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The Mightiness of Girls

     Blue snow cone juice melting down her chin, she stepped up to lead the group. “Let’s talk,” said 7 year old Tatum. She and her younger sister, Kenna, were camped on lounge chairs at the pool with my two boys. The crew had been swimming for a couple hours and were ready for a few minutes of quiet snow cone slurping. After this lull, Tatum initiated a conversation. My boys looked perplexed. Maybe it was the chlorine and sunshine, but the concept of talking for the sake of talking was foreign. Patrick and James are rarely ever quiet in their play with their boy buddies, but a lot of the conversation is action oriented. Tatum introduced some possible topics (I would love to have this moment on video) and they were soon chattering away.

Tatum and Kenna were my boys, closest girl friends. There was usually a short warm up time, but then the play was fantastic. The girls went through a Box Car children books phase and insisted we read them also so Patrick and James could be Henry and Benny to the girls’ Violet and Jessie (the Box Car children are orphans who live in a train box car). We had a memorable play date while they acted out adventures. The other highlight of this play date was the drainage ditch on the girls’ property that was filled with salamanders. All 4 went in knee deep after the elusive amphibians.

Tatum and Kenna moved to Ohio and our play dates are now almost exclusively with other boys. My suggestions of girl classmates to invite are usually rejected.   The boys spend most of their time with other boys. Their female classmates spend most of their time with other girls. More time together would enrich their play and development.   The separation reinforces subtle differences between boys and girls.   There are biological differences between boys and girls, but environment can do a lot to reinforce and magnify the differences. Environment or nurture can also bridge the differences and provide opportunities for girls and boys to explore their full potential rather than be limited by a pink or blue playscape.

In Pink Brain, Blue Brain by Lise Eliot, writes about the biology. Boy babies are bathed in testosterone in the womb; this signals the reproductive organs to go male. Boy babies tend to be larger and somewhat fussier than girls and more vulnerable to illness.  During the first two years they are more or less attracted to the same toys. Around 2-3 years old, they start to realize there is a thing called a girl or a boy. Their toy and activity preferences may become more aligned to gender as a way to “stay” a girl or boy. Young preschool age children are still mastering the concept of permanence. Their view of themselves as a boy or girl may have less to do with body parts and more to do with superficial appearance. When my niece was born, my son (age 5 at the time), asked, “Why did they give her a girl’s name? She doesn’t have any hair. How did they know she was a girl?” His definition of a boy or girl was based on hair. Boys had short hair, girls have long hair.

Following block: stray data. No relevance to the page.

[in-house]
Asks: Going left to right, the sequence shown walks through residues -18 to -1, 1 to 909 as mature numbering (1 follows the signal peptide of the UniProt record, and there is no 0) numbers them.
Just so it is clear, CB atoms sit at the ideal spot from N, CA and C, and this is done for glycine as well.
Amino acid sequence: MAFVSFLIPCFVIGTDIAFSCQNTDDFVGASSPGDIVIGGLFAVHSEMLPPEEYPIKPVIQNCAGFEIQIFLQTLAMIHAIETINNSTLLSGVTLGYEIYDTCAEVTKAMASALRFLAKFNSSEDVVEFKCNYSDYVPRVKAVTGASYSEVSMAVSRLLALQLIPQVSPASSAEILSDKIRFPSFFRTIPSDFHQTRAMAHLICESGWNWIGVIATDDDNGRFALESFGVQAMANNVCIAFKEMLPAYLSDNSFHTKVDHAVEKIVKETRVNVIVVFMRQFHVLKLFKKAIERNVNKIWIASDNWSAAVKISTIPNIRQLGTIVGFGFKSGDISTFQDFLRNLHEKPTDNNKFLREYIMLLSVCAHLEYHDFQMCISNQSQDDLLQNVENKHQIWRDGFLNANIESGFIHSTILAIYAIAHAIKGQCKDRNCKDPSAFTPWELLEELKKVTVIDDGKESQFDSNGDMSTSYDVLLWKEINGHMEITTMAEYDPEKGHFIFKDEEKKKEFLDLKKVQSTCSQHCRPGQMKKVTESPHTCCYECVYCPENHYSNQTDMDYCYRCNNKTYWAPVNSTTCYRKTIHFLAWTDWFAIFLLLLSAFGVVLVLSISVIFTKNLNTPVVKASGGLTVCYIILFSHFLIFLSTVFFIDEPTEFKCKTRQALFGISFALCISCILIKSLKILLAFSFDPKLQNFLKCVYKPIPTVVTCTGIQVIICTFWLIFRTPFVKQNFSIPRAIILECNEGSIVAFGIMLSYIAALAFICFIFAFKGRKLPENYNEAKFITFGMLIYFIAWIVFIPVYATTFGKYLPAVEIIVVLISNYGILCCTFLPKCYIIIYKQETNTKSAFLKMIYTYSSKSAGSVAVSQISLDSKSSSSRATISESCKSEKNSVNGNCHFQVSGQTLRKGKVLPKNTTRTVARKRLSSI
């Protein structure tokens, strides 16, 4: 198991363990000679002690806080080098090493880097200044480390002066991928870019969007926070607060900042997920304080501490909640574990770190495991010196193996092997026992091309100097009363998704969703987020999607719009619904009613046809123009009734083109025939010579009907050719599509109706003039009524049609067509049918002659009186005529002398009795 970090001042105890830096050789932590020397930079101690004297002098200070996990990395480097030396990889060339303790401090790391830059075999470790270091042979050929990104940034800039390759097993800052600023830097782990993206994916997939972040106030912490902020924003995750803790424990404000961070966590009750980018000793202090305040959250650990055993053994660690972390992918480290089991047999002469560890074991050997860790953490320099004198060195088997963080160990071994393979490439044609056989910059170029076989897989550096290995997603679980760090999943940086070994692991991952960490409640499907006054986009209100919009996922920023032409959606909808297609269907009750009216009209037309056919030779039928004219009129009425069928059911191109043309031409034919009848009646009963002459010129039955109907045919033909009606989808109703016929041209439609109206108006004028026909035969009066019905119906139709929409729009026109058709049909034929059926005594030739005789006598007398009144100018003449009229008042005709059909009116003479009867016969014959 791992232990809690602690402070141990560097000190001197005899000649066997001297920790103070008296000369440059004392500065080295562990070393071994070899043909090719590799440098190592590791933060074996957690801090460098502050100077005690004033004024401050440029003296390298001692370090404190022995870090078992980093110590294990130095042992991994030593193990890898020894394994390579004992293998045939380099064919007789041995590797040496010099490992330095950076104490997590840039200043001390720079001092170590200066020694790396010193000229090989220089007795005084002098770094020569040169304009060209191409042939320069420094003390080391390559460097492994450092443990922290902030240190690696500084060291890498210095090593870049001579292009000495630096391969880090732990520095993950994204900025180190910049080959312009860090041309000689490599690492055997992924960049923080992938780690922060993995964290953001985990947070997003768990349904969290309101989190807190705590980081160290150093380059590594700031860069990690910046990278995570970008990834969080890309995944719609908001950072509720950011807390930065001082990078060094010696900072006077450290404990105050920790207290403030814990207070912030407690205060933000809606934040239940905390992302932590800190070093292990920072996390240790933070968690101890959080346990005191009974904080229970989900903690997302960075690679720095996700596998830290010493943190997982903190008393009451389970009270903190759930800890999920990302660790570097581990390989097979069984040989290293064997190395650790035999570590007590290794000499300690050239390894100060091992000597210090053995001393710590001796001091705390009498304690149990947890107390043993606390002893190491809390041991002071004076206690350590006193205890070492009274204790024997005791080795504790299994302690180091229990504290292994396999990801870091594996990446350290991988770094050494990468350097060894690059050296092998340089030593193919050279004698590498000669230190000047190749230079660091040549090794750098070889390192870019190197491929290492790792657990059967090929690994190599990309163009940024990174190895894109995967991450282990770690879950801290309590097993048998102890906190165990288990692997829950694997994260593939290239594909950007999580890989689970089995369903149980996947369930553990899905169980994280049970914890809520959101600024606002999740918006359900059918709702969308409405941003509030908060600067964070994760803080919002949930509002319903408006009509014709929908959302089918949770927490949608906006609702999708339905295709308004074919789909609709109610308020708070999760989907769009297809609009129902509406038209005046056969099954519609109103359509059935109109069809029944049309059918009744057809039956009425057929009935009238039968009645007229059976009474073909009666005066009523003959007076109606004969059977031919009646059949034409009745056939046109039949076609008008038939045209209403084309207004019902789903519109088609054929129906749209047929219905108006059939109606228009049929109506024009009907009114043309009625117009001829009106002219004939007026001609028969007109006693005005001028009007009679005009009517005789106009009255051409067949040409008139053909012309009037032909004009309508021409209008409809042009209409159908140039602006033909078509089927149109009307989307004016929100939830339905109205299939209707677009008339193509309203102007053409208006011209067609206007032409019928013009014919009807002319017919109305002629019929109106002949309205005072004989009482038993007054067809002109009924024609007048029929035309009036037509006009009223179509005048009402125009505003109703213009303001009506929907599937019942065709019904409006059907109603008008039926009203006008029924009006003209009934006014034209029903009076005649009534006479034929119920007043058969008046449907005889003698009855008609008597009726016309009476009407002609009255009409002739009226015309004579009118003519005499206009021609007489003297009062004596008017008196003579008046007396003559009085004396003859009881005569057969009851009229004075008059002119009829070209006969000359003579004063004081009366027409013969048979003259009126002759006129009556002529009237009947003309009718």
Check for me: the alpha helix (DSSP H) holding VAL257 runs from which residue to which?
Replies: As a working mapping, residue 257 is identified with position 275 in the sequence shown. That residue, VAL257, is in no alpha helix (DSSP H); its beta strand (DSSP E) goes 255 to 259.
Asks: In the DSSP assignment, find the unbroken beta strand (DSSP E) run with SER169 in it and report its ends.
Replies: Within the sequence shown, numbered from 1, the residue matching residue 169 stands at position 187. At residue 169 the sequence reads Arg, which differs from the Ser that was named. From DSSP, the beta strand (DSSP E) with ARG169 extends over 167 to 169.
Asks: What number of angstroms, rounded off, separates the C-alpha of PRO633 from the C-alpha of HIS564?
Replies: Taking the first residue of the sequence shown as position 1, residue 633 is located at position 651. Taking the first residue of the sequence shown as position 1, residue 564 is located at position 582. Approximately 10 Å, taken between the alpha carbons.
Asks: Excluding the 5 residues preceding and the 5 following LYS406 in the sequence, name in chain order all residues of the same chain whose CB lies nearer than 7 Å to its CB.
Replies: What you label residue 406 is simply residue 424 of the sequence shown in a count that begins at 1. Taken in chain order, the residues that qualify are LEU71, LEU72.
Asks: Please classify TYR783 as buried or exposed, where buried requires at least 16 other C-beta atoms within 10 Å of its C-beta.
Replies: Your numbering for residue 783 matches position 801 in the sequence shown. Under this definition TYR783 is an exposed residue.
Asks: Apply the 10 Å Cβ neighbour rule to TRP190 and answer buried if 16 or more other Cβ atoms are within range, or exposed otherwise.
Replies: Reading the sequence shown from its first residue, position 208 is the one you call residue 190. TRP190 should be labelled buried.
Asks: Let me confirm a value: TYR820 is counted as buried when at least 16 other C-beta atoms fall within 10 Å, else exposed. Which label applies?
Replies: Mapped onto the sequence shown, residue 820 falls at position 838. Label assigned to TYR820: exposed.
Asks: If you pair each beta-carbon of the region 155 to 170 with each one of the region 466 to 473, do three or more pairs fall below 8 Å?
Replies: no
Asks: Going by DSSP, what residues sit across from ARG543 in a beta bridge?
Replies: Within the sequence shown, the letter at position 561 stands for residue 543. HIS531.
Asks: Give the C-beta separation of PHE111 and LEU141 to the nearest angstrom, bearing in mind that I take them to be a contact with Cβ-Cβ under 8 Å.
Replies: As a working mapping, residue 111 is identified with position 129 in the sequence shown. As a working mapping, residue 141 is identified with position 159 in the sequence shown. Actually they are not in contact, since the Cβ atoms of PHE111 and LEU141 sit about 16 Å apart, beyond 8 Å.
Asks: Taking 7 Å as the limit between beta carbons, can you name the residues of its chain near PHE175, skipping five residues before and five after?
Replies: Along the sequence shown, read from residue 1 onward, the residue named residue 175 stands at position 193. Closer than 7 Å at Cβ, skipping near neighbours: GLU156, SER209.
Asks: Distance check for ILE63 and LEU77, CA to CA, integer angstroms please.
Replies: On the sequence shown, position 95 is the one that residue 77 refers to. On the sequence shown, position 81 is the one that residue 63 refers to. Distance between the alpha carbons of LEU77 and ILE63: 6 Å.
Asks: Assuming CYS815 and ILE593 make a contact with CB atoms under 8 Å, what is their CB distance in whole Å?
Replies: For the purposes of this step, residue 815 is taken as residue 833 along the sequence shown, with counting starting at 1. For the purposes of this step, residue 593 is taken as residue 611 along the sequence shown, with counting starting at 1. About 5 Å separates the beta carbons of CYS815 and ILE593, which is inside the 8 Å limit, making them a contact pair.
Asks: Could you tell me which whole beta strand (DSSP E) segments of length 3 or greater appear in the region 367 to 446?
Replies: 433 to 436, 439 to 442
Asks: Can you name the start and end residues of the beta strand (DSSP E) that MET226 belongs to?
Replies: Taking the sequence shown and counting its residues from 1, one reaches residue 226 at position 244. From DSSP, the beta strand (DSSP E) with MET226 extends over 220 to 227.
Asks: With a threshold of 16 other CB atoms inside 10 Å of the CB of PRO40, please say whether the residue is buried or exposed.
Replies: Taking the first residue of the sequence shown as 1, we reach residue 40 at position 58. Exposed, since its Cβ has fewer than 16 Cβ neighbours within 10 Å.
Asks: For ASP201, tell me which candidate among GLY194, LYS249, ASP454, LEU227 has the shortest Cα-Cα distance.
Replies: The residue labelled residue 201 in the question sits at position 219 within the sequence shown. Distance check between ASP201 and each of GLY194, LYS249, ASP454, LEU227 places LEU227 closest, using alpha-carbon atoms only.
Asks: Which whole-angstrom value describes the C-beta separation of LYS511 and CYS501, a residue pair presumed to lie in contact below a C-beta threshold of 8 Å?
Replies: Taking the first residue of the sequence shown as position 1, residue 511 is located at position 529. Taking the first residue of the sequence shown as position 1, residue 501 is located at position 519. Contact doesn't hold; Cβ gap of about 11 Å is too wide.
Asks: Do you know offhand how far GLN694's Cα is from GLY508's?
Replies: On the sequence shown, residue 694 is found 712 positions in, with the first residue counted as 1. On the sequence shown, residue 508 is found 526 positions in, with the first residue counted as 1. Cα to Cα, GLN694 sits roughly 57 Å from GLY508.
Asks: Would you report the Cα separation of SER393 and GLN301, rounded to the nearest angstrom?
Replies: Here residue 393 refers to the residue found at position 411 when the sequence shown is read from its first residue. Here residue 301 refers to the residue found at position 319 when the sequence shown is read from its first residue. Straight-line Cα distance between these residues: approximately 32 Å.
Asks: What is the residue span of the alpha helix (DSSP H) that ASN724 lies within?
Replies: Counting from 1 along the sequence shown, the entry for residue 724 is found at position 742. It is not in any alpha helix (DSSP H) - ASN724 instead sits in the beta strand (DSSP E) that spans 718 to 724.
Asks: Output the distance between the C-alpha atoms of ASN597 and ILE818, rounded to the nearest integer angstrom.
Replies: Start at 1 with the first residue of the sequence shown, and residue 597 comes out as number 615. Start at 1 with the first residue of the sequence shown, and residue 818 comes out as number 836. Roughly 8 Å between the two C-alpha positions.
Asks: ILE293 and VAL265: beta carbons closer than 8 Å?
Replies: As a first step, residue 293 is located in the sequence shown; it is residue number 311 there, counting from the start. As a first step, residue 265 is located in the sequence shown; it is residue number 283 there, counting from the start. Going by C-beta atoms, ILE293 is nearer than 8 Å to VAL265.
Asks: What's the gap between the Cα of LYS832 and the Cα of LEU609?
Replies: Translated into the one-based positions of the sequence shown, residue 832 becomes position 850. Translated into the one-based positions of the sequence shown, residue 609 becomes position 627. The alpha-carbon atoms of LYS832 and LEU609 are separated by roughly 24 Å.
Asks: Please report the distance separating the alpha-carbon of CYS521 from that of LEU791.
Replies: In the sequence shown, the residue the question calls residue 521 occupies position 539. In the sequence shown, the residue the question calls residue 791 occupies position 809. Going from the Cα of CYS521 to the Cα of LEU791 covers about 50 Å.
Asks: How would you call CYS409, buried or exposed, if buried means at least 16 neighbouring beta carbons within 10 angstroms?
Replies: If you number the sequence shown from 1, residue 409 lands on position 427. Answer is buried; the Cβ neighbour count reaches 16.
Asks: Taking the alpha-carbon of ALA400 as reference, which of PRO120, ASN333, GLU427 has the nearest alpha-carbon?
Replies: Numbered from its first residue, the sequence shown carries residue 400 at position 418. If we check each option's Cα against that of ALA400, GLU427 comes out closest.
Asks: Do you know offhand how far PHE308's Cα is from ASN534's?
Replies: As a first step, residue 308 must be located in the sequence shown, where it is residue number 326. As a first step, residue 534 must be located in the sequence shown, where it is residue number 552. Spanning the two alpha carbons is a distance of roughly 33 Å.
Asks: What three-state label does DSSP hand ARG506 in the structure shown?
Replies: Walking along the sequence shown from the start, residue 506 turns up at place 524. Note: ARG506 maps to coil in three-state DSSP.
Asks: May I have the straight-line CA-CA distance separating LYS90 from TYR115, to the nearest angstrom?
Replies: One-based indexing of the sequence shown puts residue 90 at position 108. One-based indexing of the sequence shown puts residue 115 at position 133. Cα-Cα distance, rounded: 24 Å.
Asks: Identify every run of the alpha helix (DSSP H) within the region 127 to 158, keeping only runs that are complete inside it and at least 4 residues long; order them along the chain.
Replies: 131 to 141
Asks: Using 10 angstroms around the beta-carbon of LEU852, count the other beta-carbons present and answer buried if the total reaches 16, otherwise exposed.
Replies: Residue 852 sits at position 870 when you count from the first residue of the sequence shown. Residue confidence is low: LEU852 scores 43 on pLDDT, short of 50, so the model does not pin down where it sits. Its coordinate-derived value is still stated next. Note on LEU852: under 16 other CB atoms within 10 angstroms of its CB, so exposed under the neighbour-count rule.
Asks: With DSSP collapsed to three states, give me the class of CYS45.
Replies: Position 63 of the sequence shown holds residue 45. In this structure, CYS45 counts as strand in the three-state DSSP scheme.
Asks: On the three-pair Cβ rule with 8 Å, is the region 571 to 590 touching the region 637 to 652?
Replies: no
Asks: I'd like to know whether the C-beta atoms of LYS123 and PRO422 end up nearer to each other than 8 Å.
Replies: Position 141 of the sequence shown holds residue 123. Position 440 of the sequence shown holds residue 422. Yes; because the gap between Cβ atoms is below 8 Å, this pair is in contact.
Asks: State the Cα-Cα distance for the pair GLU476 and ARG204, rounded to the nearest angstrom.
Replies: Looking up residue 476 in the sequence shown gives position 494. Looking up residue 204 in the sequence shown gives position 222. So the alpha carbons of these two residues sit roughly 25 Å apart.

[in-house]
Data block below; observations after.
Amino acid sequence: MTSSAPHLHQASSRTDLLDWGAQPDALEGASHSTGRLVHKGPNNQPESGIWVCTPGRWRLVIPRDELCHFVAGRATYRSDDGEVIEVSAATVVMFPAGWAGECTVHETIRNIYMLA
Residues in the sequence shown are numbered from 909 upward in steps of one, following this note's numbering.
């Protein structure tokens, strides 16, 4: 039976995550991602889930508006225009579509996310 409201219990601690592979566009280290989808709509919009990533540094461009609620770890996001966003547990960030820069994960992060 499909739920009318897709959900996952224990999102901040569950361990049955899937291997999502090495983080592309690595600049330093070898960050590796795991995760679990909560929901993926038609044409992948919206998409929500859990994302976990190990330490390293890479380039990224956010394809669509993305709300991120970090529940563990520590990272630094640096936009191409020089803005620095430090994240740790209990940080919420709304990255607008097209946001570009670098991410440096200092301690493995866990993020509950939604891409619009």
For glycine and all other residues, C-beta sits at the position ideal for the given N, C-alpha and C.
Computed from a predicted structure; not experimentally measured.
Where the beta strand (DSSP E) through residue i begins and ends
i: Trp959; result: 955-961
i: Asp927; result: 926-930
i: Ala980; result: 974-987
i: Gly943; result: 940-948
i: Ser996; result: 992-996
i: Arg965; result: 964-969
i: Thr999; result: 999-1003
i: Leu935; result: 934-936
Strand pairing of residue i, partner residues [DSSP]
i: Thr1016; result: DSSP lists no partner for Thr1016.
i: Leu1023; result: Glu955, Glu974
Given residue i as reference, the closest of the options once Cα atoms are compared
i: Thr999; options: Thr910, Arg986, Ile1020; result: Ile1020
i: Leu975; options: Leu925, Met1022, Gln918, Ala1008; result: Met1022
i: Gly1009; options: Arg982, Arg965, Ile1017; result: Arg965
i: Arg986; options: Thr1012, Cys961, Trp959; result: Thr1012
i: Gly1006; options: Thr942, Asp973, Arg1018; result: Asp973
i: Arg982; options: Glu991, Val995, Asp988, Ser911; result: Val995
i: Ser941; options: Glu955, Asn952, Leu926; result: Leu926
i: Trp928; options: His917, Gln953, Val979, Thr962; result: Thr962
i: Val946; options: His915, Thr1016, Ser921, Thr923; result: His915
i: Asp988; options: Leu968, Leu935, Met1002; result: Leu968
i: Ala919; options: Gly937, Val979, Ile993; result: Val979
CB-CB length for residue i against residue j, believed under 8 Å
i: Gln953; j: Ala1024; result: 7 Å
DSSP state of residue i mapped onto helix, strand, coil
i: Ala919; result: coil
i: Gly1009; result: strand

This preschool preference can become solidified by confining our girls or boys to stereotypical play or activities. While our girls may love the princesses, they also love other kinds of play and we need to continue offering a wide array of choices. Other differences Lise Eliot identified in the research are girls tend to be stronger in writing and weaker in spatial navigation. These are overall differences and there will be many individual exceptions. These are also not fixed. There is an amazing human development capability called “neuroplasticity.” Neuroplasticity is the ability of the brain to change based on experience. The younger the child, the greater the effect. Given opportunities and support girls and boys can develop strength in many areas of learning and development. Pink Brain, Blue Brain has become a favorite of mine because Lise Eliot breaks down the research into a readable format and gives great parenting ideas on how to support our boys and girls in all areas.

Our boys are awesome and our girls are mighty. When I go to my nieces’ house, I enter a parallel world where everything is pink and purple. In their wake, they leave a trail of housekeeping toys, dolls, and art supplies. They are quick to branch out though when given the opportunity and the house has pockets of primary colored activity. Madalyn loves puzzles and trains. Caitlyn holds her own with her older cousin’s boy buddies at birthday parties. She is athletic and assertive.   All the cousins have developed a love for ‘pop’ music and have raucous sing-a-longs in the car. Our children need our support in keeping their options open so they can grow up to be strong, capable people.

Kathy Kelley works for the Early Learning Institute (ELI). ELI serves young children Birth-5 years old and their families. If you have a child development need, we probably have a program for you. Most of our programs are FREE! For more information go to: www.earlylearninginstitute.com or give us a call at 591-0170. Questions? Email Kathy, kathleenk@earlylearninginstitute.com.
2017-07-21T09:23:46+00:00

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